The fallout from the commodities price rout may prove to be more lasting than that of the 2008 global financial crisis. Economies dependent on oil and minerals have borne the full brunt of the price drop, but even mature, diversified economies such as Canada’s have trouble dealing with the consequences of an 80 percent slide in the price of crude over 16 months and similarly major declines in other key commodities.
A business sentiment survey conducted by the Bank of Canada among 100 companies between May and June has revealed that local businesses are wary of new investments, with the majority of respondents not planning any over the next 12 months.
The situation is understandably the worst in energy and related industries, where many businesses are preparing a new round of cost cuts, while service providers are guardedly optimistic, planning to add new jobs. The goods sector is also mostly pessimistic, planning further job cuts.
In terms of sales projections, the situation is not so gloomy: 43 percent of respondents in the survey said they anticipated an acceleration in sales growth over the near term, which is lower than the 48 percent in the previous survey, but still a reasonably healthy portion. It’s worth noting, however, that expectations may have changed significantly in the wake of the Brexit vote. An analyst poll conducted by Reuters has suggested the British vote would have negative consequences for the Canadian economy. Related: Texan Oil Production May Not Be Falling As Fast As Analysts Believe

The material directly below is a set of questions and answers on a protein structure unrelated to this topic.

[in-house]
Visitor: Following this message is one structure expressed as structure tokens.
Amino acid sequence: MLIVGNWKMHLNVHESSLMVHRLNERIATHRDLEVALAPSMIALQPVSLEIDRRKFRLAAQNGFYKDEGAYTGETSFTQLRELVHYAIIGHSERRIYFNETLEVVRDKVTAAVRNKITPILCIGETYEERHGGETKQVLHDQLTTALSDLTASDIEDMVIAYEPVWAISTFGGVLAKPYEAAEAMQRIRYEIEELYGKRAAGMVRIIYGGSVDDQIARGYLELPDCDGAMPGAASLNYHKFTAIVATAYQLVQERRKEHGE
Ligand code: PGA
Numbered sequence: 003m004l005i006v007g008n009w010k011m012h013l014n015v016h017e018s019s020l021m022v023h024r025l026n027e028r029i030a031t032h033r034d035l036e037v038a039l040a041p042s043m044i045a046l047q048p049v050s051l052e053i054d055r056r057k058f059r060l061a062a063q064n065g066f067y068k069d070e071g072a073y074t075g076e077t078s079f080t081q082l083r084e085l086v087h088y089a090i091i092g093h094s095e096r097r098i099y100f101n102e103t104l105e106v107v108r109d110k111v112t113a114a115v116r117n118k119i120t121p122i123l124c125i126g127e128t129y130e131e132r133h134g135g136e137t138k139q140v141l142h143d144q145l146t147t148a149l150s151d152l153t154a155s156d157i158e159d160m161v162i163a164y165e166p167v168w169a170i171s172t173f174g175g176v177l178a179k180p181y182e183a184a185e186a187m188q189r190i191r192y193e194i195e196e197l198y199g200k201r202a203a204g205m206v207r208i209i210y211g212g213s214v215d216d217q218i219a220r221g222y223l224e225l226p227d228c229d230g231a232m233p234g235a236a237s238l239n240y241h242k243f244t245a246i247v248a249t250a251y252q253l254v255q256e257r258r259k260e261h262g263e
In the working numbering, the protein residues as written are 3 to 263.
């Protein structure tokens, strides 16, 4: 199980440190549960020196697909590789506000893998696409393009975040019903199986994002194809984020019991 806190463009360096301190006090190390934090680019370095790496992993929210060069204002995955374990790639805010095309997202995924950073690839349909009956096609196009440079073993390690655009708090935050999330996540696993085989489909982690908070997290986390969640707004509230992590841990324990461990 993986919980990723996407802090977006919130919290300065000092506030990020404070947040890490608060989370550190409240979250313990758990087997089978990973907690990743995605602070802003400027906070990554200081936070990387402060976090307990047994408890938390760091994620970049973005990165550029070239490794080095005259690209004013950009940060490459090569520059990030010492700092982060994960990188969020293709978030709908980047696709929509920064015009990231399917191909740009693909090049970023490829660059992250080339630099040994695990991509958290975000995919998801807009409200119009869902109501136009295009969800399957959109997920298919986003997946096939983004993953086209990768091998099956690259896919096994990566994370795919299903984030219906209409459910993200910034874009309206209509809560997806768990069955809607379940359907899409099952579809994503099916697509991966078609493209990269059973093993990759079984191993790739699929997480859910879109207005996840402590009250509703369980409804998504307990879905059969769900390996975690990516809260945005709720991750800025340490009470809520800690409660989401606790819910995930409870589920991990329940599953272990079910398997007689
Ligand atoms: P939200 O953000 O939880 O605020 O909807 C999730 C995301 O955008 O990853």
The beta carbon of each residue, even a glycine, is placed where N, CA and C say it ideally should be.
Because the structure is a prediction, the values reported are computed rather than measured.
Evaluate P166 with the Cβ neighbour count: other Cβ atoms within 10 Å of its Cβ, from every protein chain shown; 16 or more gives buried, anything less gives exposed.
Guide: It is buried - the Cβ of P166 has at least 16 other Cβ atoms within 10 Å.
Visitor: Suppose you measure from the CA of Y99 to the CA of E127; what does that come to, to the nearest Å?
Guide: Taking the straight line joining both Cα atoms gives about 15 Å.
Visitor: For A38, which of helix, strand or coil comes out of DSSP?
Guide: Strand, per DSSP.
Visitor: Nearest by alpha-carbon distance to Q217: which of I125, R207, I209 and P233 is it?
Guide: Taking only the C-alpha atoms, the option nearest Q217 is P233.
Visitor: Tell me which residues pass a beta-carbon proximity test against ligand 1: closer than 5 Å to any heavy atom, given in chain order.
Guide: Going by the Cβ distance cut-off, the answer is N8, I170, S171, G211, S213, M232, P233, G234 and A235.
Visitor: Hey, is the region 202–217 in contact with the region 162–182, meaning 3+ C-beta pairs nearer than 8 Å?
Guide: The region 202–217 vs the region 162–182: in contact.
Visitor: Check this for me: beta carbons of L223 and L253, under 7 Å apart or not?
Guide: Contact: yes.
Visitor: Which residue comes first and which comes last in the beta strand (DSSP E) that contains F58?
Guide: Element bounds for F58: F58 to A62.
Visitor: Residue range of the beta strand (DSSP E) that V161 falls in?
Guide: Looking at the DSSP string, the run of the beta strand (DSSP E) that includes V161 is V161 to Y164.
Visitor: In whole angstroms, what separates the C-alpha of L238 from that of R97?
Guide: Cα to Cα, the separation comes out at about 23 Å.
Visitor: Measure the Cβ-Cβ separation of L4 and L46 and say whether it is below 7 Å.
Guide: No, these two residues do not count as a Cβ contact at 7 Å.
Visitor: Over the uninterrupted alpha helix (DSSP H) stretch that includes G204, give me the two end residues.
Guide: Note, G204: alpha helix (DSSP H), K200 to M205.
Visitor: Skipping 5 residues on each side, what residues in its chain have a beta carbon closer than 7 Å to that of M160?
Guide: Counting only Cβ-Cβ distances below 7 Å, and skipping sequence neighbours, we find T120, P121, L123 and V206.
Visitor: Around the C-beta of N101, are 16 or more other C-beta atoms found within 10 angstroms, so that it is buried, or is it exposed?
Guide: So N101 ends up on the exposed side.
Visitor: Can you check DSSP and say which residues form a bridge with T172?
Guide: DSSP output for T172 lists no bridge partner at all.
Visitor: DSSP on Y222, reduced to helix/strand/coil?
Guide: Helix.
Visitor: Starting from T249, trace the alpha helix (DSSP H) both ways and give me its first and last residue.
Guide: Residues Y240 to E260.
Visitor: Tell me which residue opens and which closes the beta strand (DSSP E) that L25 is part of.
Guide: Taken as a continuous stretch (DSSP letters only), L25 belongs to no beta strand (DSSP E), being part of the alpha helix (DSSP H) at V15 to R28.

Although the situation is not exactly rosy, the central bank is not, for the time being, considering any further interest rates cuts, after the two it made last year when the commodity price rout raged at full force. At the moment, they key rate is 0.5%, and the next announcement on rate policy will be made on July 13. According to the analysts polled by Reuters, the next rate hike will most likely take place in the first quarter of 2018.
A cheaper Canadian dollar is seen as one driver of improved growth in sales, along with greater demand for Canadian produce from its southern neighbor. Yet, cautions the central bank, “For many firms, however, foreign demand is insufficient to offset weakness coming from their domestic customers and, in some cases, refocusing sales efforts towards export markets is proving difficult.”
The looney, which slid significantly as oil prices began their journey to rock bottom, has regained some of its value against the greenback over the last few months as prices started recovering – not least because of supply outages in Alberta – but CIBC analysts expect the trend to reverse later on, especially towards the end of the year, if the U.S. Federal Reserve decides to raise interest rates.
The Canadian currency could also drop earlier, in the summer, after the release of second-quarter economic data from StatsCan, the Financial Post notes, quoting CIBC analysts as projecting these to be worse than expected. This would imply that expectations are overly optimistic, yet surprises are always possible.
As a whole, modest growth is always better than no growth at all, so even if Canada is still not out of the woods, as CIBC’s chief economist Avery Shenfeld told media, it is seeing the light of day through the thick branches.
By Irina Slav for Oilprice.com
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